Chesebrough effectively utilizes nineteenth-century books, sermons, newspapers, and manuscripts as well as secondary sources. Further research on dissenting southern clergymen may yield important additional information on how individuals form and express beliefs antithetical to a prevailing orthodoxy.
--Anne Miller"The North Carolina Historical Review" (09/25/2008)"
David B. Chesebrough offers in this brief but extremely perspicacious book an illuminating analysis of southern clergy who dissented from the overwhelming majority of Protestant ministers regarding slavery and secession before and during the Civil War. Religion as a major component of southern nationalism has long been a prevailing historiographical orthodoxy among scholars of the Old South. How most southern clergy after 1830 retreated from any earlier antislavery position to affirm the peculiar institution as primarily a civil rather than a religious concern is an old story ultimately ending in biblical justifications of slavery as a positive good. But Chesebrough carefully demonstrates that among southern ministers the argument was always much more than pro-slavery v. antislavery. Southerners also saw the larger contest as "a struggle between true and false religion, between orthodoxy and heresy, and between a biblically revealed religion and a man-made religion" (p. 12).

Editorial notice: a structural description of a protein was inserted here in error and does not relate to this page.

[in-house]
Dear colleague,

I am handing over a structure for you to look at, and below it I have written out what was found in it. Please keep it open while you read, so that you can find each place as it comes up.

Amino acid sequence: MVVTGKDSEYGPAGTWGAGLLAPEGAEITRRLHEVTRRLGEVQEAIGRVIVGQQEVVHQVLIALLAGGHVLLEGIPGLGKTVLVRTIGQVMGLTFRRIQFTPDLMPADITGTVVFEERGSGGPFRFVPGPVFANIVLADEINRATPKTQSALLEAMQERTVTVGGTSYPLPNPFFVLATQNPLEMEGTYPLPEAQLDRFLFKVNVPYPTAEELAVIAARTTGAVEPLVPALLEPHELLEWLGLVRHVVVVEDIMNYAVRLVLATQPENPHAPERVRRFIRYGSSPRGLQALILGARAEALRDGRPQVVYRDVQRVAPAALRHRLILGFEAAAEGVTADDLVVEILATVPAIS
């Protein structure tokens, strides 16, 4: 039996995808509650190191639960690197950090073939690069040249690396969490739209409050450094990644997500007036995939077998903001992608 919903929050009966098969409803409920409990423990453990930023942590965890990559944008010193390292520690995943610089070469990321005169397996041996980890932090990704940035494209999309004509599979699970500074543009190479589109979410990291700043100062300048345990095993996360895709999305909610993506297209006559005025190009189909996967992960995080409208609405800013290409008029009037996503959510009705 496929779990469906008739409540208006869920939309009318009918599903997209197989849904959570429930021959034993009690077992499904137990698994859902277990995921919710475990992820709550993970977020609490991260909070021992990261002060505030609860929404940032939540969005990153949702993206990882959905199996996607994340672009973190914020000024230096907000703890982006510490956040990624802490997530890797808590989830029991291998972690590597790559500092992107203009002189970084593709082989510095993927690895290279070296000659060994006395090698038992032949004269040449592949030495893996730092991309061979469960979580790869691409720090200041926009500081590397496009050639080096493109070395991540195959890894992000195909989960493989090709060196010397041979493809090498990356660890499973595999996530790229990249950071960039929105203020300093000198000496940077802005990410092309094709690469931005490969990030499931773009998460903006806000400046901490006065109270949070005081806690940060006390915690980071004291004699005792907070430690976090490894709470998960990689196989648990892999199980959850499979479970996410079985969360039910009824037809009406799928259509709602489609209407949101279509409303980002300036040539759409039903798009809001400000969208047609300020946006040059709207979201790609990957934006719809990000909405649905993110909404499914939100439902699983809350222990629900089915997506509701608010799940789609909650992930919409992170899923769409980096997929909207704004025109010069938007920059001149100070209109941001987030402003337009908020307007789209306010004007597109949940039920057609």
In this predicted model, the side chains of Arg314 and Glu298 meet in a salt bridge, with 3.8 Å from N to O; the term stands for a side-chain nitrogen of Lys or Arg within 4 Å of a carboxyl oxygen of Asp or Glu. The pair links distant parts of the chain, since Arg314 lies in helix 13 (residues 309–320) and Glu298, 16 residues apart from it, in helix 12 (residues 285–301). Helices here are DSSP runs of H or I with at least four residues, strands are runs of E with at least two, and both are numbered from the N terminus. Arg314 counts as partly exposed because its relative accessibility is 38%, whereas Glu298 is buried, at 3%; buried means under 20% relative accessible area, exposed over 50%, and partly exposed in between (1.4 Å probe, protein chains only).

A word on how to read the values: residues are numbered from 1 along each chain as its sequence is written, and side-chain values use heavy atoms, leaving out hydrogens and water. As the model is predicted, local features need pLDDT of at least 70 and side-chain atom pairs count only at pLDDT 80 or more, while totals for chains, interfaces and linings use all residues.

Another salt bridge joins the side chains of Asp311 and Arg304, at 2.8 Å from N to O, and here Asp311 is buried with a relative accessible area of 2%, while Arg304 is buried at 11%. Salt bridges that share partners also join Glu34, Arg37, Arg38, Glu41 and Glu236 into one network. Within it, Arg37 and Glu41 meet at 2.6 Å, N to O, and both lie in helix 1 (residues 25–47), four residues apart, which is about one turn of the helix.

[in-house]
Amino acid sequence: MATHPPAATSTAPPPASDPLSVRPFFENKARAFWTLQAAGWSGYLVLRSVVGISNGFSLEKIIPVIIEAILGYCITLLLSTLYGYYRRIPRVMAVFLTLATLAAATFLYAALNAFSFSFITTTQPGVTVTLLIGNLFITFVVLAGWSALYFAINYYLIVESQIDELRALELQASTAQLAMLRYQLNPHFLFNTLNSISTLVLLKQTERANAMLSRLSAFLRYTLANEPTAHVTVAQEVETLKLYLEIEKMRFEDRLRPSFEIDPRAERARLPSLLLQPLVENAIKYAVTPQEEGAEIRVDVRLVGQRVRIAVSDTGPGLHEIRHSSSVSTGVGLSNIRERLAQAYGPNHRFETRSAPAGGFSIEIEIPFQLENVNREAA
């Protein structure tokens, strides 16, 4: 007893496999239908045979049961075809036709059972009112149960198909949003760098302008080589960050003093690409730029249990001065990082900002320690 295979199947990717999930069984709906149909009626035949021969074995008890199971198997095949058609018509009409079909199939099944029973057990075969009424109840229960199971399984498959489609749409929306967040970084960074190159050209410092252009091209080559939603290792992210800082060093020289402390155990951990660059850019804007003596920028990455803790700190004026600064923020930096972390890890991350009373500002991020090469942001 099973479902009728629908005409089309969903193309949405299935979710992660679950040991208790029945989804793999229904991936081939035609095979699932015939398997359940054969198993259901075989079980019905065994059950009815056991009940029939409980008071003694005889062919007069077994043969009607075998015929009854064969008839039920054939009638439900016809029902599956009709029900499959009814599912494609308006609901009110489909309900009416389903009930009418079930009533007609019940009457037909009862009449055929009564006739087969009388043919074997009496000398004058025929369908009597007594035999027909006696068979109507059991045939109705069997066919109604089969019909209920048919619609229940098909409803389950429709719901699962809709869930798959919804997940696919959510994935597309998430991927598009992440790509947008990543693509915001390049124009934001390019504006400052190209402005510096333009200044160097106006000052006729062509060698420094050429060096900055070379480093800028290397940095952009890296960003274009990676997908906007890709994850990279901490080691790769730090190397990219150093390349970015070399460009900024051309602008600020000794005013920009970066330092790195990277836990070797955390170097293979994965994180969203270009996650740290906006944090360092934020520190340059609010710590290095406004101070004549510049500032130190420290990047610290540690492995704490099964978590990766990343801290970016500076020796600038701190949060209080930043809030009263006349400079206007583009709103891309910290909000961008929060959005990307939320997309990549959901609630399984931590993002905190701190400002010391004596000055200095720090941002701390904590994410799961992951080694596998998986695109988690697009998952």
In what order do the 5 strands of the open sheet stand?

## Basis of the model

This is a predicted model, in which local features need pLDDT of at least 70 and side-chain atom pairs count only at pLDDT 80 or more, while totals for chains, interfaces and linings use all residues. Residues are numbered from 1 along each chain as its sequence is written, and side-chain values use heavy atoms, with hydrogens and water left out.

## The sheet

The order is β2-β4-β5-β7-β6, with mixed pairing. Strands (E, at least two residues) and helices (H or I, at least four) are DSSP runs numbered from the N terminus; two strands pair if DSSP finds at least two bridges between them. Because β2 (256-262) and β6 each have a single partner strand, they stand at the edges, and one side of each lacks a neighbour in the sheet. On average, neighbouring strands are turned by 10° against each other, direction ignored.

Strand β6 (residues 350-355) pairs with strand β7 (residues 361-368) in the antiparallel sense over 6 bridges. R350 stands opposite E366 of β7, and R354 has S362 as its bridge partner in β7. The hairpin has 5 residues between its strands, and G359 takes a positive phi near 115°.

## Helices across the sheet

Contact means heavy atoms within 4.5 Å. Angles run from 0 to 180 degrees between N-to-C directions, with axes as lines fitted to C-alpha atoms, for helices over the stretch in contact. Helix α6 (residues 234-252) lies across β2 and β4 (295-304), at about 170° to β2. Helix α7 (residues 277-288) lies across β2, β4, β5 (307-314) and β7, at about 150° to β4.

Yet despite enormous and steadily increasing pressures-social, economic, political, and even physical-there always remained a small "creative minority," in a phrase borrowed from Arnold Toynbee, who opposed first slavery and, by 1861, secession. The South was never a monolithic society, and Chesebrough offers compelling portraits of dissenters such as Richard Fuller, John Gregg Fee, Moncure Daniel Conway, William G. Brownlow, Charles Gillette, Melinda Rankin, John H. Aughey, and James A. Lyon to illuminate the fate, if not martyrdom, of such brave dissenters.
Interestingly, Presbyterians were overrepresented among these dissenters because their church had not split between northern and southern branches as did the Methodists in 1844 and the Baptists in 1845. A common thread for all these dissenters was some contact or exposure to the North. Yet not all dissenters were equally persecuted for their beliefs; a very few managed to hold on to their positions before and during the war. Most, however, were either banished from the South, dismissed from their churches, or driven to financial ruin, imprisonment, or even execution. No clear answer exists to explain the fortunate exceptions, but social class, personality, and good standing within the community offer logical explanations of why a very few dissenters escaped the harsh fate of their fellow dissenters.
The greatest value of Chesebrough's partial but representative account of dissenting clergy in the Old South from 1830 through the Civil War lies in its rich invitation to scholars to conduct additional research to delineate the contour and depth of such dissent. By far the most intriguing unanswered question is Chesebrough's speculation that an even larger number of clerics shared antislavery sentiments with these dissenters but remained silent in order to protect themselves or their families. Even to be suspected of such treason was extremely dangerous in most of the South, particularly during the war years.